Worse Floods Ahead As Climate Warms

Jul 24th, 2013 | By | Category: Development and Climate Change, Disaster and Emergency, Disasters and Climate Change, Ecosystem Functions, Global Warming, International Agencies, Resilience, Vulnerability

rescue-2CNN: “Atmospheric rivers”, airborne corridors of concentrated moisture which carry huge volumes of water, are set to get wider and longer, causing more frequent and catastrophic floods as the atmosphere warms.

Heavy and prolonged rainfall will cause both more frequent and more severe flooding across the United Kingdom and the rest of north-west Europe as the atmosphere continues to warm, say British and American scientists.

A study in IOP Publishing’s Environmental Research Letters of what are known as atmospheric rivers pins the blame for the increasing flood risk firmly on man-made climate change and says the same problem will afflict other parts of the planet.

Researchers at the University of Reading near London, and the US University of Iowa, describe how atmospheric rivers carry vast amounts of water vapour around the Earth, delivering heavy and prolonged rainfall, particularly to mountainous areas. They were responsible for the protracted winter and summer floods in the UK in 2012, which caused an estimated $1.6 billion (£1 bn) in damage.

In a warming world the atmosphere can carry more water and the research showed that the rivers, typically running a kilometer above the earth, 300 kilometres wide and thousands of kilometres long, would become larger and capable of delivering even bigger quantities of prolonged rainfall.
Longer danger period

An example of their potential danger is the atmospheric river that caused the severe flooding on 19 November 2009 over north-west Britain. As it approached the coast it was transporting a moisture volume 4,500 times the average gauged flow of the river Thames through London.

In California, where atmospheric rivers (ARs) have already been assessed, the climate models predict that the number of years with these features will increase. To discover what could happen in Europe the models were tested against the known flooding events between 1980 and 2005, and the researchers found that they could accurately simulate what actually happened.

This gave them confidence to test what would happen in the future. All the models showed that with more greenhouse gases emitted by humans there would be a doubling of the number of atmospheric rivers later this century compared with the 1980 to 2005 period. Most of these events occur in the winter, but in a warmer world the danger period is extended.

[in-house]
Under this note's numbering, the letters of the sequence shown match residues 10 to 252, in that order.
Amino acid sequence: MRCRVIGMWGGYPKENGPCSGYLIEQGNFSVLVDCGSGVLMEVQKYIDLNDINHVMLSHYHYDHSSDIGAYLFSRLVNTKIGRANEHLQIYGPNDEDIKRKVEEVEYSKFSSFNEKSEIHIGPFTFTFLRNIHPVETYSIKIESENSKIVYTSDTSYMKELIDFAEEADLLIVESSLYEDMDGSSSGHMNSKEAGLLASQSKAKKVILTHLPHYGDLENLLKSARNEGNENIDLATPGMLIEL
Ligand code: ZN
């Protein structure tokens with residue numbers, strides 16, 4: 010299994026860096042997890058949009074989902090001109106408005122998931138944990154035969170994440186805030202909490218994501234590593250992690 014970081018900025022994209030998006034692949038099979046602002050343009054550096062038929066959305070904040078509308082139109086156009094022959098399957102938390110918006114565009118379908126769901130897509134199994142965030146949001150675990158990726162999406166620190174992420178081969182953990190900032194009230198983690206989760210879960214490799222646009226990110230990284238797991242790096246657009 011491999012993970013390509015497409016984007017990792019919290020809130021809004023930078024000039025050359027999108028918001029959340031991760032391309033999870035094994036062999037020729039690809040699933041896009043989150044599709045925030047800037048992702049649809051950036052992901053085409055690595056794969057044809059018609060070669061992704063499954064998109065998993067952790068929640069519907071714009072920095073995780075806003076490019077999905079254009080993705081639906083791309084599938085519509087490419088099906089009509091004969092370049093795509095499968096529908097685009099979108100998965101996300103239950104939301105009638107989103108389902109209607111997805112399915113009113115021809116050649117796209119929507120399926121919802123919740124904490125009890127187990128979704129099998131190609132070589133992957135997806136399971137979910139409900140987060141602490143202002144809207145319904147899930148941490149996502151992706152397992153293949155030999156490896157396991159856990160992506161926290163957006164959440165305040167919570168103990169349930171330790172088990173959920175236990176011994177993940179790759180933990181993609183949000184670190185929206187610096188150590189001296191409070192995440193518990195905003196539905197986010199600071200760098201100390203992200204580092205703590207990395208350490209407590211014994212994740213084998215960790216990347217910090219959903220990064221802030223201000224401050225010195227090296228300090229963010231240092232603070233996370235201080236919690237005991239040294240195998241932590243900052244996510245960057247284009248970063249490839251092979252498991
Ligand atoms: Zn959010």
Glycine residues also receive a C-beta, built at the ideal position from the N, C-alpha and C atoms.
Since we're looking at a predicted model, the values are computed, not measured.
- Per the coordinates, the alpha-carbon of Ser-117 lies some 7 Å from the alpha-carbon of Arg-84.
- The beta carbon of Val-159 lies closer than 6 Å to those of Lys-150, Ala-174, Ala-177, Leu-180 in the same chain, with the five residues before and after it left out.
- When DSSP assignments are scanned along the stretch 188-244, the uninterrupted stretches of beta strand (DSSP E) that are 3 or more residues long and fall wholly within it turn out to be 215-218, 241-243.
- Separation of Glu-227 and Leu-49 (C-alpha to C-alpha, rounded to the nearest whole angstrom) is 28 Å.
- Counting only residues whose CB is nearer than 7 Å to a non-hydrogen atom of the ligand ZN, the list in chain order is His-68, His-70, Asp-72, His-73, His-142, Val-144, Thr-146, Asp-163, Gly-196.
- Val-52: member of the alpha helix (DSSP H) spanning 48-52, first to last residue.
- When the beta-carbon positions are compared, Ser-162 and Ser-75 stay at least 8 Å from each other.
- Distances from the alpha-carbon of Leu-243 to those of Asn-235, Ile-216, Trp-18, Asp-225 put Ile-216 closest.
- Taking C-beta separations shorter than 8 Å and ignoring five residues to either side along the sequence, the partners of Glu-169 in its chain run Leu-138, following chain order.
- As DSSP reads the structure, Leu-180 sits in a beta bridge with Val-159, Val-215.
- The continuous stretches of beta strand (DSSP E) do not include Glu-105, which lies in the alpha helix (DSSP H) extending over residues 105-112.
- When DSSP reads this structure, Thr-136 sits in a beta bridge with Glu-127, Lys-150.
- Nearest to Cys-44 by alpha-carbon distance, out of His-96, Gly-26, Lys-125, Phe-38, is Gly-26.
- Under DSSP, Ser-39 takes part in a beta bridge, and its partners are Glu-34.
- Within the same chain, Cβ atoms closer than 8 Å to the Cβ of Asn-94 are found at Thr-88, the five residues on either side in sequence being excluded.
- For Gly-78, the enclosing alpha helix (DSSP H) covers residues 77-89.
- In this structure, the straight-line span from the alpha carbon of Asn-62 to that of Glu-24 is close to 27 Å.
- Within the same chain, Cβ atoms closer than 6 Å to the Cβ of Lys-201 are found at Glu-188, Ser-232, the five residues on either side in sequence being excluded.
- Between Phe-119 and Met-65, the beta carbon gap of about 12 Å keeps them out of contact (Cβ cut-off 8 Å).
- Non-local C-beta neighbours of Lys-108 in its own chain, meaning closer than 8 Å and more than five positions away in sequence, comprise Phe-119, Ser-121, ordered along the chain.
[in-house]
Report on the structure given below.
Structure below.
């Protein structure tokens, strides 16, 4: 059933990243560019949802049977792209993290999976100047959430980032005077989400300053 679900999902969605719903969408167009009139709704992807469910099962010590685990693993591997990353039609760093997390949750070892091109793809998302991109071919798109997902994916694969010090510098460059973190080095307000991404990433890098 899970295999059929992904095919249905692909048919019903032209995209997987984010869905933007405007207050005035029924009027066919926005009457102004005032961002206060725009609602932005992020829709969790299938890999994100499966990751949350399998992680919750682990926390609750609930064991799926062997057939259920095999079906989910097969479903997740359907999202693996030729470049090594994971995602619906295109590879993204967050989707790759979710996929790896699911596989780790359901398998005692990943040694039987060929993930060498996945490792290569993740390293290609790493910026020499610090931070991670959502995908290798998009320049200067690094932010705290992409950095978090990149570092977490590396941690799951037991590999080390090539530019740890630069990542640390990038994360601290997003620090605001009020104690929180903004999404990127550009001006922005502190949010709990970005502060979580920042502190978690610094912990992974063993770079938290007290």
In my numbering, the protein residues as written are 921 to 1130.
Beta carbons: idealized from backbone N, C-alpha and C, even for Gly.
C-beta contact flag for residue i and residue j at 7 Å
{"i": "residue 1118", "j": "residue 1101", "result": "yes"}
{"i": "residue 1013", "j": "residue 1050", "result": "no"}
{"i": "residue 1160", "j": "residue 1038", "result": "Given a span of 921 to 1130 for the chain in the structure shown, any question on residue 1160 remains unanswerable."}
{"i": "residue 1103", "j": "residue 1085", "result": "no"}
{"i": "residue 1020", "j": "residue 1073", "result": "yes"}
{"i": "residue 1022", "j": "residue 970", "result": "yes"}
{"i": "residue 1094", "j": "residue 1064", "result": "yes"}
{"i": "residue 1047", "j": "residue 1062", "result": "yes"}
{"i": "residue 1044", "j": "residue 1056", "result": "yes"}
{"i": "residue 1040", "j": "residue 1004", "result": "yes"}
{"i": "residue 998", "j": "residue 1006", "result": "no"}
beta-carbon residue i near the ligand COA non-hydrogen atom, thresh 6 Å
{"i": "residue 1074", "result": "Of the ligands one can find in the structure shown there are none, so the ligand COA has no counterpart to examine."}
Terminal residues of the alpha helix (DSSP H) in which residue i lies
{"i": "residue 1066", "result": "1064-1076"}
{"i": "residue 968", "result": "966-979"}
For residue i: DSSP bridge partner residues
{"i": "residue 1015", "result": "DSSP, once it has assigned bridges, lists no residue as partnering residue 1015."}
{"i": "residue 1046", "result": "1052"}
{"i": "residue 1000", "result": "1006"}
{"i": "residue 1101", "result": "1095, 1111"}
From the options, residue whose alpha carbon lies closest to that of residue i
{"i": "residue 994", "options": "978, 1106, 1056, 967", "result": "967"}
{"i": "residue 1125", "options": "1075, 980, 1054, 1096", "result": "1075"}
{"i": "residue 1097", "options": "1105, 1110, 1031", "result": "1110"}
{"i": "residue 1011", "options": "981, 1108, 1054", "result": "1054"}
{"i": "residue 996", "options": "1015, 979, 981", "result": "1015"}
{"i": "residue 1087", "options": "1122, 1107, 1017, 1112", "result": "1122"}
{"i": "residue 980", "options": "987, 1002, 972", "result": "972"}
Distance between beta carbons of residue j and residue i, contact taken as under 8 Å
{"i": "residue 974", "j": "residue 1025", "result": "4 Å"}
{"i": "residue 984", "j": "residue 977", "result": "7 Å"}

Effects will be widespread

Because of the way the warmer atmosphere is able to carry more water and deliver much higher rainfall totals, the potential for far worse floods from each of these rainfall events is much increased.

The head of the research, Dr David Lavers, from the department of meteorology at the University of Reading, said: “ARs could become stronger in terms of their moisture transport. In a warming world, atmospheric water vapour content is expected to rise due to an increase in saturation water vapour pressure with air temperature. This is likely to result in increased water vapour transport.

“The link between ARs and flooding is already well established, so an increase in AR frequency is likely to lead to an increased number of heavy winter rainfall events and floods. More intense ARs are likely to lead to higher rainfall totals, and thus larger flood events.”

The paper points out that while the scientists were specifically looking at the atmospheric rivers that caused heavy rainfall in Europe, these storms affect many temperate regions of the planet. As the atmosphere warms, it is likely that they will increase the risk of flooding elsewhere.

Source: Climate News Network

About

Started in year 2010, ‘Climate Himalaya’ initiative has been working on Mountains and Climate linked issues in the Himalayan region of South Asia. In the last five years this knowledge sharing portal has become one of the important references for the governments, research institutions, civil society groups and international agencies, those have work and interest in the Himalayas. The Climate Himalaya team innovates on knowledge sharing, capacity building and climatic adaptation aspects in its focus countries like Bhutan, India, Nepal and Pakistan. Climate Himalaya’s thematic areas of work are mountain ecosystem, water, forest and livelihood. Read>>

Himalayan Nations at Climate Change Conference-CoP21

Over 150 heads of state and government gathered in Paris at the UN climate change conference on Monday, 30 November, the largest group of leaders ever to attend a UN event in a single day. In speech after speech, they provided political leadership and support to reach an ambitious and effective climate change agreement by…

Read more…

Comments are closed.

seo packagespress release submissionsocial bookmarking services